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In Greek mythology, goddesses called Moon Spinners gathered light each day to spin the moonlight down to the earth.

It’s a romantic description of the moon’s magical effect on Earth.

The moon — 238,900 miles away — is locked in an eternal struggle with Earth. Our sun creates gravity that keeps the planet and moon apart.

Tonight, the moon is in a new lunar phase when the sun and Earth are on opposite sides of the moon, and the moon can’t be seen with the naked eye. By Tuesday, it will be a waxing crescent moon, and finally, the silvery white “Snow Moon” arrives on Jan. 21, according to the 2019 moon phases calendar.

Gardeners have been moonstruck since humans first began digging in the dirt with a stick. For centuries, gardeners have planted, cultivated and harvested by phases of this celestial body. And we’re still over the moon about the moon, says the Garden Media Group.

It’s one of their 2019 trends and “more than just a phase. Connecting with the phases of the moon taps into our deep desire to be in tune with nature,” GMG reports. Trend watchers point to the moon appearing in designs for everything from watches to wedding gowns, and people once again are looking to the moon for the best time to plant, prune, weed and harvest.

Are these age-old beliefs superstition and old wives’ tales? Maybe, but the laws of gravity show that the moon causes tides to rise and fall in the Earth’s bodies of water. The moon also impacts plant growth through geotropism. Positive geotropism causes roots to grow downward, while negative geotropism draws shoots up to the soil surface. If you plant a tulip bulb with the pointed end down, it will right itself underground and send its shoots upward.

Dig out or treat weeds when the moon is dark — a waning crescent or old moon, or from the day after a full moon until the day before a new moon, and supposedly they will never return.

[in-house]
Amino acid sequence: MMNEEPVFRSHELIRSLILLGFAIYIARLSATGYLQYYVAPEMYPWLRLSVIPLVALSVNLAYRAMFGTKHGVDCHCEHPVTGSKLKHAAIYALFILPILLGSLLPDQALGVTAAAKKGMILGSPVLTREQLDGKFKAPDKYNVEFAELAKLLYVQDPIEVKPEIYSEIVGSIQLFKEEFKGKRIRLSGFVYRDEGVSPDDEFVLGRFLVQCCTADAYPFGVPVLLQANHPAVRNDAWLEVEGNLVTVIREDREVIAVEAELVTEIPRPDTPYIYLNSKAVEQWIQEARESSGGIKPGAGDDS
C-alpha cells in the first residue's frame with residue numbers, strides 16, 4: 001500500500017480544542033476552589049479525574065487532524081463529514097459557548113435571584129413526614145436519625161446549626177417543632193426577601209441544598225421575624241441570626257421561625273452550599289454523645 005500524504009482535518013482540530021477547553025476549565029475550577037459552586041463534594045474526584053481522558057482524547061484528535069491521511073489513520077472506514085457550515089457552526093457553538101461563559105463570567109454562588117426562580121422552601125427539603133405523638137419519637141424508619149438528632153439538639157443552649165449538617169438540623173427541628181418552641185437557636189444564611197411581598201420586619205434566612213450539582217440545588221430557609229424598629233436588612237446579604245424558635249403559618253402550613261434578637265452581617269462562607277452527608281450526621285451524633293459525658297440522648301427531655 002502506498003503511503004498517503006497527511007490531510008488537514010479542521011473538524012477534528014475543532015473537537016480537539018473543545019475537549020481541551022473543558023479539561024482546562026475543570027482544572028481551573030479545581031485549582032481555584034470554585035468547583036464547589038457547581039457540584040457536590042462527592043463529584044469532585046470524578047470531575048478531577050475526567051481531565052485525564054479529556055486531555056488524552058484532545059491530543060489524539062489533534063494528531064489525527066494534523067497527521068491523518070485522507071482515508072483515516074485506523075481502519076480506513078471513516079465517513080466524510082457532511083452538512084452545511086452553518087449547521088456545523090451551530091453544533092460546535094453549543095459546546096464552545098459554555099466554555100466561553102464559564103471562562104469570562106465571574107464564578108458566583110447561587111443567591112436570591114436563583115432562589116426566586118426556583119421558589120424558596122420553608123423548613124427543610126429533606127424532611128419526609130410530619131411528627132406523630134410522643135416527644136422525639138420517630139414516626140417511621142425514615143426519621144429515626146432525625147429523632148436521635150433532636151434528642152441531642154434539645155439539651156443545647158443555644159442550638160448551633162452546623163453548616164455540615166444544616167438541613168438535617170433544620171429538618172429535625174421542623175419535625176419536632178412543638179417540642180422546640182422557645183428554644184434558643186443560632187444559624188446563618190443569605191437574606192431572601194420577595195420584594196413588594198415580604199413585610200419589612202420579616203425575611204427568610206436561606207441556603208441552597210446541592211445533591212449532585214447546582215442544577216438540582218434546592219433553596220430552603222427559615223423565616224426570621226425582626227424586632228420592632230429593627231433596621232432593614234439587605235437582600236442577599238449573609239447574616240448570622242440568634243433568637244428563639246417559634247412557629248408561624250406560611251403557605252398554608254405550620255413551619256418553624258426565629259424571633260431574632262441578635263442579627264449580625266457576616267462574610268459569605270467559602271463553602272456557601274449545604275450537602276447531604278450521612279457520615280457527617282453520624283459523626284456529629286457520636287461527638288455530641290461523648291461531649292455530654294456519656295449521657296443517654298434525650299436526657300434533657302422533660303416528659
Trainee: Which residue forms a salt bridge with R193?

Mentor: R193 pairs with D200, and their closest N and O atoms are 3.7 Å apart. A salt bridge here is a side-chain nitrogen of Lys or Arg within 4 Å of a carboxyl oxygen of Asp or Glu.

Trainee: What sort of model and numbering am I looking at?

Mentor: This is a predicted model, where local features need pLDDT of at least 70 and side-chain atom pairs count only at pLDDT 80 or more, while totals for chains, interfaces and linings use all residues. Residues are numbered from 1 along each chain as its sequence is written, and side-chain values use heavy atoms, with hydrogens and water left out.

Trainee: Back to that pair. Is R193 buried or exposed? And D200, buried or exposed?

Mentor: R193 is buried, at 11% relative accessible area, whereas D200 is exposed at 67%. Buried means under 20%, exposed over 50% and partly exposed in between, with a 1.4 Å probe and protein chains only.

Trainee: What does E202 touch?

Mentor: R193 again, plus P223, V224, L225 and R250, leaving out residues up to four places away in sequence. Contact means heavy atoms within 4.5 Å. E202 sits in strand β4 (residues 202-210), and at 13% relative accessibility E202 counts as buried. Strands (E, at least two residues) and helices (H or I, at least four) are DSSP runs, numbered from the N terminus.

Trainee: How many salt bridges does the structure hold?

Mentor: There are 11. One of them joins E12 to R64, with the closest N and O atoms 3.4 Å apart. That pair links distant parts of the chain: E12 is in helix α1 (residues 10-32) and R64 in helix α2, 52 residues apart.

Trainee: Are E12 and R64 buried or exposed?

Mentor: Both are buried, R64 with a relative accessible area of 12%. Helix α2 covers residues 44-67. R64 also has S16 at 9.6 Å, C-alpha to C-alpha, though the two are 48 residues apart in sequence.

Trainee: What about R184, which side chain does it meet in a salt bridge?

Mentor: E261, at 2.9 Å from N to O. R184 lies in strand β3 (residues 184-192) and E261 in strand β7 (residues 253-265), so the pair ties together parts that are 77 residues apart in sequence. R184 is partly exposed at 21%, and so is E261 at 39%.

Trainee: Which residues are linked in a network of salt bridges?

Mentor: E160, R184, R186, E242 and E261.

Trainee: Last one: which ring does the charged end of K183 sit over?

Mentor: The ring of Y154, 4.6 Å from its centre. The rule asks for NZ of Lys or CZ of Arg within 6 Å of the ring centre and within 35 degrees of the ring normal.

“The Old Farmer’s 2019 Almanac” offers these ideas for moon-phase planting:

  • Plant annual flowers and vegetables that bear crops above ground during the light, or waxing, of the moon, or from the day the moon is new to the day it is full.
  • Plant flowering bulbs, biennials and perennial flowers and vegetables that bear crops below ground during the dark, or waning, of the moon, from the day after it is full to the day before it is new again.

The almanac provides a chart of moon favorable planting dates for seed starting. Iowa is in area 2 on the map and the list includes: Beans, April 15-19; cabbage, March 7-20 and April 5-15; carrots, March 21-31; onion sets, March 1-5 and 21-31; peppers, April 5-19; and tomatoes, April 7-19. A full list is offered in the almanac.

These are general guidelines and seeding should be based on the average last frost date. The Iowa Last Frost Date Map shows May 21-31 for Waterloo and Cedar Fall.

There are eight moon phases, although gardening is focused on the four quarters or phases — new moon, second-quarter moon, full moon and fourth-quarter moon. The first and second quarters are the waxing moon, while the last two quarters are the full to waning moon.

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Arts/Special Sections Editor

Special Sections Editor for the Courier

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